Date of Graduation
Bachelor of Science in Biomedical Engineering
The ninth leading cause of death in the United States is kidney disease, and hemodialysis is the process most commonly prescribed for treatment. It utilizes a selectively permeable membrane filter to remove toxins such as urea from the blood and retain necessary protein levels. However, traditional filters, such as cellulose triacetate, used during dialysis can be inefficient in terms of separation performance and reduction of fouling. Recent exploration of nanoparticles has resulted in the creation of Oxone Mediated TEMPO-Oxidized Nano Cellulose which has properties that are believed to increase hydrophilicity, increase tensile capacity, decrease membrane resistance and lower fouling, making it an ideal filter for dialysis. This study focuses on the implementation of two derivatives of these nanoparticles and how they affect the characterization of the membranes. Ultrafiltration and dialysis were performed using bovine serum albumin (BSA), lysozyme, and urea to analyze various properties of each membrane. These properties included flux, sieving coefficient, pore size, KoA, urea clearance, mass transfer coefficient, and theoretical treatment time. The first membrane, Form I, showed significant improvement in every property tested. The second membrane, Form II, showed slight improvement in each property, but it was very similar to the control, leading to the belief that it would not be much better than the traditional cellulose triacetate filters. The third membrane, 50/50, was created from a mixture of the previous two, and it showed significant improvement similar to Form I but not quite as distinct. The Form I membrane showed the most significant improvement overall and was determined to be the best option for an improved dialysis filter that can increase flux and urea clearance while preventing fouling.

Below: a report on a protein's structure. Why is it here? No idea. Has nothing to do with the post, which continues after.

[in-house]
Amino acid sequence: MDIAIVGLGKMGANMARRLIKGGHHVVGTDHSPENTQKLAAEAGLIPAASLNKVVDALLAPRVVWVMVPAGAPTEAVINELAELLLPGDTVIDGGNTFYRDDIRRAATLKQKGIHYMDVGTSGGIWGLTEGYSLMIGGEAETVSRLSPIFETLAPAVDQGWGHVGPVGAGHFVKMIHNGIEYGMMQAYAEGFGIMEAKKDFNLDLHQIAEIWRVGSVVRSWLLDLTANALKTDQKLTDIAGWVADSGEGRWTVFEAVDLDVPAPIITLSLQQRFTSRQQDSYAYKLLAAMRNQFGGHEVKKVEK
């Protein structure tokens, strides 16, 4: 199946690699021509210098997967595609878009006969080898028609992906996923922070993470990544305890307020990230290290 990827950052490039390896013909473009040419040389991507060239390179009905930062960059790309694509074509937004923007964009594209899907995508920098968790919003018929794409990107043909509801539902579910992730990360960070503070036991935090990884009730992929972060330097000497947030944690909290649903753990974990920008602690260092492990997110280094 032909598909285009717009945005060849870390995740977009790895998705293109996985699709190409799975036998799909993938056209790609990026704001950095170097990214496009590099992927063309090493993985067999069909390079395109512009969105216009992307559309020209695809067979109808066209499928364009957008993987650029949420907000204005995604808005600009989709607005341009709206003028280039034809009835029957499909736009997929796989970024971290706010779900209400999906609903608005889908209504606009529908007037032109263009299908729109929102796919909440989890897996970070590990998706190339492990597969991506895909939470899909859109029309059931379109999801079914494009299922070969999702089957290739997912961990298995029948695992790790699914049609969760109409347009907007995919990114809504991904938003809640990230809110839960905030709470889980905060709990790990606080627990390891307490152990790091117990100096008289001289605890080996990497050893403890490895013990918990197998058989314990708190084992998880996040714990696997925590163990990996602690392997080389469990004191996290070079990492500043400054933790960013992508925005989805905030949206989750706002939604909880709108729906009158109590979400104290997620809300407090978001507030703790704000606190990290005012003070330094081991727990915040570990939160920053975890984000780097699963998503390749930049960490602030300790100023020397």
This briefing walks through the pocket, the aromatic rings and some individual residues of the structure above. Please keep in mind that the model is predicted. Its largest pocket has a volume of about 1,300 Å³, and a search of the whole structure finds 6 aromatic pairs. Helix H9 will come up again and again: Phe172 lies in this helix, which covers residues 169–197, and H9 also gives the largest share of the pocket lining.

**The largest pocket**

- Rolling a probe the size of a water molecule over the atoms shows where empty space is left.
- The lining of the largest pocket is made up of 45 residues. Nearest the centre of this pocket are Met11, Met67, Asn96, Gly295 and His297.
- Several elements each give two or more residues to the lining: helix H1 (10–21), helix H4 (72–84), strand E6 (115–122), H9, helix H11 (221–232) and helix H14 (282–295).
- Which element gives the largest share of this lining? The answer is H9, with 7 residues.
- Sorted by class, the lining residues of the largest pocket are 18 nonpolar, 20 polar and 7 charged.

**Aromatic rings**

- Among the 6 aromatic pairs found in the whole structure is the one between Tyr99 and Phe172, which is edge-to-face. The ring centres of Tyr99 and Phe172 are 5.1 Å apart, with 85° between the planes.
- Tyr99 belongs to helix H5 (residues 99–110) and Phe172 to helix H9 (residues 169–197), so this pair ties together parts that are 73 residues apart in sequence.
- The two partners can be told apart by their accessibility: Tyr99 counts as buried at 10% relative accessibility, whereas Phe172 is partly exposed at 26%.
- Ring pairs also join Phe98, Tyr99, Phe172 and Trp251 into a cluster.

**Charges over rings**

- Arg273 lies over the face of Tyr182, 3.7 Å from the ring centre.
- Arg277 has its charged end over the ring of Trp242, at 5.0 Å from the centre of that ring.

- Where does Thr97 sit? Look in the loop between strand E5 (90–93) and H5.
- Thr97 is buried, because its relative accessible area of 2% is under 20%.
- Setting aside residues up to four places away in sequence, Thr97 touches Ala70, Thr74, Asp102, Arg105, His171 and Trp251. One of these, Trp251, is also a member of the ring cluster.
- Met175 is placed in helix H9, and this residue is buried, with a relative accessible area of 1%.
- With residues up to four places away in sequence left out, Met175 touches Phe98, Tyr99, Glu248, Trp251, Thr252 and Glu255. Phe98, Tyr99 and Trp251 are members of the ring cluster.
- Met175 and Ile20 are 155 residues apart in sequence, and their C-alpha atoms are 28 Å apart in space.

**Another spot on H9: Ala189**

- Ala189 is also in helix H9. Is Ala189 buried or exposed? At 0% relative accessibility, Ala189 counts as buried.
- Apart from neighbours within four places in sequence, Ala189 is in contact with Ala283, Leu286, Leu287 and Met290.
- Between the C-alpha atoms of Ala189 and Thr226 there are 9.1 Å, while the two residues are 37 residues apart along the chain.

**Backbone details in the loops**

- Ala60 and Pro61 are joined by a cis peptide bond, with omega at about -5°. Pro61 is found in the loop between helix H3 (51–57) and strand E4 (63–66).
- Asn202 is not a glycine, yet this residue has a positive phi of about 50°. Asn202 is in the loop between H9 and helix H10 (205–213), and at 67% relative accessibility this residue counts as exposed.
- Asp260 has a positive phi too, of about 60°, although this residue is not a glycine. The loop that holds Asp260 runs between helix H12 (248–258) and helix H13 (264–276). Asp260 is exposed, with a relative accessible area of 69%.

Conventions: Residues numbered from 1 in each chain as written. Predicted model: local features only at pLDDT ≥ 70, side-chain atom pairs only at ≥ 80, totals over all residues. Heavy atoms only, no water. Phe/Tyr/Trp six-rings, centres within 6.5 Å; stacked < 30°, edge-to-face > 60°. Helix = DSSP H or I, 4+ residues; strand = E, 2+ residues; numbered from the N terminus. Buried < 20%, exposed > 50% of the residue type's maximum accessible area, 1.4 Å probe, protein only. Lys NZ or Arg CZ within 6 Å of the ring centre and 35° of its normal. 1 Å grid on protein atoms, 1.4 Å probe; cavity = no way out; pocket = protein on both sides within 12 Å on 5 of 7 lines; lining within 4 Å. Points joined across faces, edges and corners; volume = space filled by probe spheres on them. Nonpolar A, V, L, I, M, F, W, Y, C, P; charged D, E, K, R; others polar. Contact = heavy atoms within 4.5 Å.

hemodialysis, ultrafiltration, nanocellulose, membrane filter
Robling, Kristyn, "Characterization of Oxone Mediated TEMPO-Oxidized Nano Cellulose Mixed-Matrix Membranes During Ultrafiltration and Hemodialysis" (2020). Biomedical Engineering Undergraduate Honors Theses. 77.